Our Friday was nothing like I originally planned. We didn’t go to Six Flags (because it was closed. Mom Fail. Let’s not rehash it.). We didn’t spend the afternoon at the hotel swimming and relaxing. Instead, BG went to gymnastics and then we headed into the city for lunch and an afternoon of fun. David and I were a little out of sync from the time we left for lunch. Have you been there? Nothing is wrong; no one is mad or upset. You’re just not quite clicking right. By way of happenstance and slight miscommunication, we ended up on a random street nowhere near where we planned to go. We parked and fed the meter, literally not knowing where we were going. There was a McDonald’s nearby so we got BG a happy meal and walked onto the street to find big kid food.
As we headed toward Qdoba, we passed a woman sitting on the sidewalk. I’m not sure what her sign said, but she was holding a little boy about 18 months old. We entered Qdoba and BG asked if she could have a quesadilla. I explained that we got her McDonald’s but she asked again. I couldn’t get the image of that woman out of my mind, so I left David to finish ordering and paying, and BG and I went back out to the street. In the middle of M Street Northwest, with traffic and pedestrians surrounding us, I explained to Brynna as best I could why the woman was sitting with her little boy. I told her that all kids don’t get to choose what they eat; that some kids don’t get enough. I asked her if she thought we could share what we had. She looked up at me with a huge smile and said, “Mommy, I want to share my french fries with that little boy!” The thought wasn’t sad to her. It didn’t make her tear up. The joy of being able to give literally flooded out of her. Although she can sometimes play the shy card when approaching someone new, she walked right down the sidewalk, up to the woman and her son. The little boy, obviously curious about Brynna, started to smile as she approached. Brynna handed her happy meal to the boy, looked at his mom and said, “He can have my french fries.”As the little boy began to smile, his mom looked at me with the most sincere gratitude and mouthed “thank you so much.” And without thinking, I responded, “No, thank you.” As we walked away, I thought to myself that my reply was a bit out of place. I probably should have said, “You’re welcome.” Or “We hope this helps.” But in that moment, all I could think was to thank her – for being in that spot on this day when I had nothing else to do, nowhere else to be but on M St. NW to teach my daughter what it means to find a need and fill it.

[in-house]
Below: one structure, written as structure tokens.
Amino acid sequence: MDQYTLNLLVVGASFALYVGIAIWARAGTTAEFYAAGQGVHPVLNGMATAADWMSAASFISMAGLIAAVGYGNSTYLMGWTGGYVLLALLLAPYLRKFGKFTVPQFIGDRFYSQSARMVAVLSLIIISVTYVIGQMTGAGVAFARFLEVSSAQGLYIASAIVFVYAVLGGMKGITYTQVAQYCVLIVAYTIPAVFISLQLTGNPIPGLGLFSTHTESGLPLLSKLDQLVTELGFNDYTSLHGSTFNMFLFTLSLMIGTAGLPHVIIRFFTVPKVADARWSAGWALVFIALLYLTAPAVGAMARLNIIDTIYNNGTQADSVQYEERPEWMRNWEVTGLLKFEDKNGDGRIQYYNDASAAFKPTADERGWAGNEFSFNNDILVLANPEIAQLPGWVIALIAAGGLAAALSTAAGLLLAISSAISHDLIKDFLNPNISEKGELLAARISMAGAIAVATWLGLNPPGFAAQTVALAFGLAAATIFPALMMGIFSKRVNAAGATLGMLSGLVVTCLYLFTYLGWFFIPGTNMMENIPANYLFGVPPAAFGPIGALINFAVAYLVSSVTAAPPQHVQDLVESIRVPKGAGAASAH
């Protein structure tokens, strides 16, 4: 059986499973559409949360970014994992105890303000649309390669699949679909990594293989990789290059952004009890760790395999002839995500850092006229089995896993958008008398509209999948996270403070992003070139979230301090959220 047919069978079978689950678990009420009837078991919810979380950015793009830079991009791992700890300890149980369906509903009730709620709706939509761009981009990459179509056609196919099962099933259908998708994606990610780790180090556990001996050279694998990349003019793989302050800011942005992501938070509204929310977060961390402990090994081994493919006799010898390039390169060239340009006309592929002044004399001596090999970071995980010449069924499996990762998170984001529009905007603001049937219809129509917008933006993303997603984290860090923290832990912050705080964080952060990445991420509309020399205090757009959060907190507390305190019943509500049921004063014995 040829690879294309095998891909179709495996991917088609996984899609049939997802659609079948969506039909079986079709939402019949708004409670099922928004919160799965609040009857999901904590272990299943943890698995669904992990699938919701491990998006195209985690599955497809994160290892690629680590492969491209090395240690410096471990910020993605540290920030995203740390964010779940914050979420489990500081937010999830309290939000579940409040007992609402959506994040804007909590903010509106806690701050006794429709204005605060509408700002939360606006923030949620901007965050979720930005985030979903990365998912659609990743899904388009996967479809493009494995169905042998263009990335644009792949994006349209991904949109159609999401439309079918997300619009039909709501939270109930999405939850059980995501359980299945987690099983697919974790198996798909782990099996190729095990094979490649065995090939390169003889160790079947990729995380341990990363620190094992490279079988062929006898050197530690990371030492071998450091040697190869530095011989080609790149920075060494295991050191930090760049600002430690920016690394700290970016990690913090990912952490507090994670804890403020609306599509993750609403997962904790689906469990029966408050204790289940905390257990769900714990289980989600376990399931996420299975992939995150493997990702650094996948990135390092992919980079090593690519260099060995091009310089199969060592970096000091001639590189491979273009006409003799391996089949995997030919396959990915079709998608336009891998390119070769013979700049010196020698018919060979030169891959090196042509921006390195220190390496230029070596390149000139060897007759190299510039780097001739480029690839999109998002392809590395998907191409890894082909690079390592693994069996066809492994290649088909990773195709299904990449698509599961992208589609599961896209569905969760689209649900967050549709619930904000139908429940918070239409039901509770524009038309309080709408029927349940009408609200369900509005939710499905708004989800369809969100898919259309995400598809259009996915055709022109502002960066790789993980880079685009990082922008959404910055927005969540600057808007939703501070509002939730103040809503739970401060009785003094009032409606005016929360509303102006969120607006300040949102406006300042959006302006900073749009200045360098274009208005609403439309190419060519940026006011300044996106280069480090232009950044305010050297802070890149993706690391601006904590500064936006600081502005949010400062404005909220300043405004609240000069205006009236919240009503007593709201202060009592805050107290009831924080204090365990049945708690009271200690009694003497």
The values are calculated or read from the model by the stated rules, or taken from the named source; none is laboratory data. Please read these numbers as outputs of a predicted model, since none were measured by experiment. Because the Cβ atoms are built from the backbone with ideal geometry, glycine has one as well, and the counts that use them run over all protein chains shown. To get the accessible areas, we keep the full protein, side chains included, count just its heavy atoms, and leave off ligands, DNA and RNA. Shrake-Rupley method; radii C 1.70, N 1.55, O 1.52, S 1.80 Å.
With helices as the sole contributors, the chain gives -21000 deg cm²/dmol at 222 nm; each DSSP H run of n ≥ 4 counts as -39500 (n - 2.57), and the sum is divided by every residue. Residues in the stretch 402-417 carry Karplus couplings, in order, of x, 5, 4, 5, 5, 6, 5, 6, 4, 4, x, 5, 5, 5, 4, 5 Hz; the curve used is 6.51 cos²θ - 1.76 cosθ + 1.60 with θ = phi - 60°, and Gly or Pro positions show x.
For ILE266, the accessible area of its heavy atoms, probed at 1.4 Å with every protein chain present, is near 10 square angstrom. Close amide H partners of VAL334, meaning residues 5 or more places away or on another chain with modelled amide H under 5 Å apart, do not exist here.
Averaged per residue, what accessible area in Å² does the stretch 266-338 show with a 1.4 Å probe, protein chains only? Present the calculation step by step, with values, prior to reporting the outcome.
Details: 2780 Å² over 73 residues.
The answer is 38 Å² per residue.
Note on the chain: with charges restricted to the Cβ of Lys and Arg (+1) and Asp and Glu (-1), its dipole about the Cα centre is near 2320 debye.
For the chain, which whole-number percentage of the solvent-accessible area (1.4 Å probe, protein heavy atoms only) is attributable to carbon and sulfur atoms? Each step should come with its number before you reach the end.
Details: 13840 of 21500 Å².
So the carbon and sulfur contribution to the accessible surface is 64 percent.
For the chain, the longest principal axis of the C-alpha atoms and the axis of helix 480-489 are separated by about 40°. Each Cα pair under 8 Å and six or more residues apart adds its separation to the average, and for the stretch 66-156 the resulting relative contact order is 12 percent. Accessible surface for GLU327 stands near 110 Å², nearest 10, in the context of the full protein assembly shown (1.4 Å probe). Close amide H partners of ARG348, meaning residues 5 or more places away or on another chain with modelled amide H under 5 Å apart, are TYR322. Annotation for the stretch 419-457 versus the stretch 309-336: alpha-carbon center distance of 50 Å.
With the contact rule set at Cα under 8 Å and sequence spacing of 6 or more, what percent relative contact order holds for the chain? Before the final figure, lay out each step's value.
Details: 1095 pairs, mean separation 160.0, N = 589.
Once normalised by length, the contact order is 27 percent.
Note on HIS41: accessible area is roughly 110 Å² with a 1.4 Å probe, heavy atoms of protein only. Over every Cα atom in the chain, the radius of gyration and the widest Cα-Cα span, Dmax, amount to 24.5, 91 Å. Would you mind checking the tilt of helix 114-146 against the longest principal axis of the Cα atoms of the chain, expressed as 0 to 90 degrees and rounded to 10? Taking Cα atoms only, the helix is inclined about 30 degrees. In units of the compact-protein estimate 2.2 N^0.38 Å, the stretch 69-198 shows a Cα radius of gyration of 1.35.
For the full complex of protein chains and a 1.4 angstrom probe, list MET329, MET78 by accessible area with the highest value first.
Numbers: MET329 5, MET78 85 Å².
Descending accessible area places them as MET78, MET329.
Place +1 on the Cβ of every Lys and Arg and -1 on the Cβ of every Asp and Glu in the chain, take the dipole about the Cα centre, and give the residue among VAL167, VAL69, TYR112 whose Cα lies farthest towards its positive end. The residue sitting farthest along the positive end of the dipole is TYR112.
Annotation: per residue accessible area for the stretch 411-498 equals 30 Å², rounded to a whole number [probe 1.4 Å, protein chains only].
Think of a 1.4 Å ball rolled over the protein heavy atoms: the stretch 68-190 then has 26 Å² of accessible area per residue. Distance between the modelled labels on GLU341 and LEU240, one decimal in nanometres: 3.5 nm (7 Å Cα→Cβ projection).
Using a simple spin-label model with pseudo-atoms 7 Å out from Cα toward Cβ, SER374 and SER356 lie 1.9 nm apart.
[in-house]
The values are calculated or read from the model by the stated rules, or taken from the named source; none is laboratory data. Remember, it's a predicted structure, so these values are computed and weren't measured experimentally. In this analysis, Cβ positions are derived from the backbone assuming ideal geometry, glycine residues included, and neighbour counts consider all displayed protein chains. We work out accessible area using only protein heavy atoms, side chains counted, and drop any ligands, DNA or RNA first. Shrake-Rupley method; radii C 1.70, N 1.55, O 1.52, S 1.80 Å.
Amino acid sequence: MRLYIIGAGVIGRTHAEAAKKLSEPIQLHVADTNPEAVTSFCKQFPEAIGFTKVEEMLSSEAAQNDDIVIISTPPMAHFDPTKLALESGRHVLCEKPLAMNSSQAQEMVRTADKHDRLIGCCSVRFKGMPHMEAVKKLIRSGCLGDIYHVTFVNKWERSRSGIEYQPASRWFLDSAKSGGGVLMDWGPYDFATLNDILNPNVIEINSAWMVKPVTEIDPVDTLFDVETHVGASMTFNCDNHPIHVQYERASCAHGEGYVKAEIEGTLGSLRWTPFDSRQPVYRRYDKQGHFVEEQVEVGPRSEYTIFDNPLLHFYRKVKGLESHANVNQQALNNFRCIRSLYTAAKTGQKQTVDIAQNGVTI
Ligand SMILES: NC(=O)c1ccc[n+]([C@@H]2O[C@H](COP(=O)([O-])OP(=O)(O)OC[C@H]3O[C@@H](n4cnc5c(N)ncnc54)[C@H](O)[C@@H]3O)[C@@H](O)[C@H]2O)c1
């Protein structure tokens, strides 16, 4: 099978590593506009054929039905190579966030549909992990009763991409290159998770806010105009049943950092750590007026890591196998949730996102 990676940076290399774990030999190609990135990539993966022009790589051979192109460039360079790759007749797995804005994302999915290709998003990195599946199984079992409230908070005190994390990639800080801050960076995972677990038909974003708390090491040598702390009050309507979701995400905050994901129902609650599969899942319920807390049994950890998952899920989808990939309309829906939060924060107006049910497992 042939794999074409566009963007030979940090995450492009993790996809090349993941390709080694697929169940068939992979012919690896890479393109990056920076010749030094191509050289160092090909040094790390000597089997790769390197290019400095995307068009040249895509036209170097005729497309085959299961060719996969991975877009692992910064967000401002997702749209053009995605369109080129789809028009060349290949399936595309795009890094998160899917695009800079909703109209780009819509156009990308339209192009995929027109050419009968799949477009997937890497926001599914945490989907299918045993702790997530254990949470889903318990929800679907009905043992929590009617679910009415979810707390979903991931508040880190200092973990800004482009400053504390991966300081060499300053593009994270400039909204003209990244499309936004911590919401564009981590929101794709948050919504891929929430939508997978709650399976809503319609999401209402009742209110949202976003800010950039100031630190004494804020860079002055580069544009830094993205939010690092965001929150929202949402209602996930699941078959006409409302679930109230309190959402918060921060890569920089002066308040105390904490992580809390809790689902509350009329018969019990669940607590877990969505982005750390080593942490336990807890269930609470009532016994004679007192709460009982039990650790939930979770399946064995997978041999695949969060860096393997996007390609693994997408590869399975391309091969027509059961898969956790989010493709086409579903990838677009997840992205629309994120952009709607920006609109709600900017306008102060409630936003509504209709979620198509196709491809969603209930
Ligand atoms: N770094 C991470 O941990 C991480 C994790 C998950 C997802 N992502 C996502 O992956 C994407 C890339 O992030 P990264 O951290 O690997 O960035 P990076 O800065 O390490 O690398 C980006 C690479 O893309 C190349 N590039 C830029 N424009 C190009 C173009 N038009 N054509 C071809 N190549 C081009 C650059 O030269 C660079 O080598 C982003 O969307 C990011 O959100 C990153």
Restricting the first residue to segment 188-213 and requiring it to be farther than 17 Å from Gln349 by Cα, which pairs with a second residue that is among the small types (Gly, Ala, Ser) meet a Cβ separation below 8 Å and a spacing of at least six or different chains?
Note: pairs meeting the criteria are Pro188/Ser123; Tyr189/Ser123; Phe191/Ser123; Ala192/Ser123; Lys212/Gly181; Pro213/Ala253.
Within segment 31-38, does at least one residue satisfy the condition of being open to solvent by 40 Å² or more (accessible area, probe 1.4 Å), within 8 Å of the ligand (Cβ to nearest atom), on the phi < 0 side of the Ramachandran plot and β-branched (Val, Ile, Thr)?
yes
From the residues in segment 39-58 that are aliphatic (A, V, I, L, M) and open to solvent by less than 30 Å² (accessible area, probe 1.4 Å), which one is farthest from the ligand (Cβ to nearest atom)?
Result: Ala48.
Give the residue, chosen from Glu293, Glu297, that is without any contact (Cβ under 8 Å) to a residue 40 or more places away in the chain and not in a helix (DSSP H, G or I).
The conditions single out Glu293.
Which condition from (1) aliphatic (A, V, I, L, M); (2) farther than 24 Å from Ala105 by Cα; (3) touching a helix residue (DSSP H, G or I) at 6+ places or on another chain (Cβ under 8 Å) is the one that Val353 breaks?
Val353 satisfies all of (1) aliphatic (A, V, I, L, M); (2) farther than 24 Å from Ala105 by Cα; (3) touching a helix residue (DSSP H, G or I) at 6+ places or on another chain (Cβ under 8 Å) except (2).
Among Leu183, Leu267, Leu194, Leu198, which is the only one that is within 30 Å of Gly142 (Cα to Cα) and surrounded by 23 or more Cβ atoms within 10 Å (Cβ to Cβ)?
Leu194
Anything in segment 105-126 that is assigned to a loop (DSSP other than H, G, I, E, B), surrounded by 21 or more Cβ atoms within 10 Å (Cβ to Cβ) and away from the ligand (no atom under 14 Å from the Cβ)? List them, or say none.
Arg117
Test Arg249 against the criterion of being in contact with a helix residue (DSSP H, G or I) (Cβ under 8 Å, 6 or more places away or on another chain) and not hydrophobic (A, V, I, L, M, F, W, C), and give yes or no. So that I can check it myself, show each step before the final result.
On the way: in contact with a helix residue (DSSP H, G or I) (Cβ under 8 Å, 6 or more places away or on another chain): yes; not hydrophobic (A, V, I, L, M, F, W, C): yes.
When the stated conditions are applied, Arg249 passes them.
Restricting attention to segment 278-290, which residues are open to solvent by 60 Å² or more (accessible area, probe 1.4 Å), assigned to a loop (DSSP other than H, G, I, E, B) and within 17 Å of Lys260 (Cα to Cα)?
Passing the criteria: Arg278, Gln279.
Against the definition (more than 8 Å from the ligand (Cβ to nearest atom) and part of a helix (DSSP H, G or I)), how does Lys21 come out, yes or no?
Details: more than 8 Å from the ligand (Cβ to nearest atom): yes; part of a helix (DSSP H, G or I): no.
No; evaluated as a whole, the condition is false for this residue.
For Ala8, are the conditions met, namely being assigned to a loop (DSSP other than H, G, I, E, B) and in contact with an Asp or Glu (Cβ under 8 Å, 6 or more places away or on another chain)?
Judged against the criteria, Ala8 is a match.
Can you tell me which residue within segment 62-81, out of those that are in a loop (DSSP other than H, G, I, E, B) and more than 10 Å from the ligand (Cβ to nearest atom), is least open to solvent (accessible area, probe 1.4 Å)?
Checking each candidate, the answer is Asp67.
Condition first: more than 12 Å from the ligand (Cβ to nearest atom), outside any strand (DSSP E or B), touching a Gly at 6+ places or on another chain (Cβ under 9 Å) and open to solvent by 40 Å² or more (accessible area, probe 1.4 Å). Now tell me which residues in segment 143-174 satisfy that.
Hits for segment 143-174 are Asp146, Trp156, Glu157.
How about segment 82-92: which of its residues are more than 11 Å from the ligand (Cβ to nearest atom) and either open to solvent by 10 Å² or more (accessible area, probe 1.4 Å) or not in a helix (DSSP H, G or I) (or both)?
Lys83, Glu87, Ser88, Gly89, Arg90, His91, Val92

As we sat eating our food, I realized about halfway through lunch that the funny out-of-sync feeling was gone. The stress of whether or not we go to an amusement park tomorrow had disappeared. And in it’s place was peace.
We ended the day having dinner with some new friends in Baltimore. They are friends of my childhood friend, Jeff, and together they all work with an organization called Kupenda. They raise funds, support schools and build into kids with disabilities in Kenya. And now, past her bedtime, BG is swimming in the hotel pool with her daddy. She doesn’t care that the day didn’t go as I had it pictured in my head. And neither do I.
I’ve heard it said many times that the answer to having peace and purpose in life is to find a need and fill it. That’s all. And when you fill one need, find another one. My new friends have found a need in Kenya, and they are filling it. Brynna found a need on a sidewalk in DC and filled it. Imagine if we all found a need – just one – every day and filled it. Your day may turn out looking nothing like you planned, but find a need. And fill it.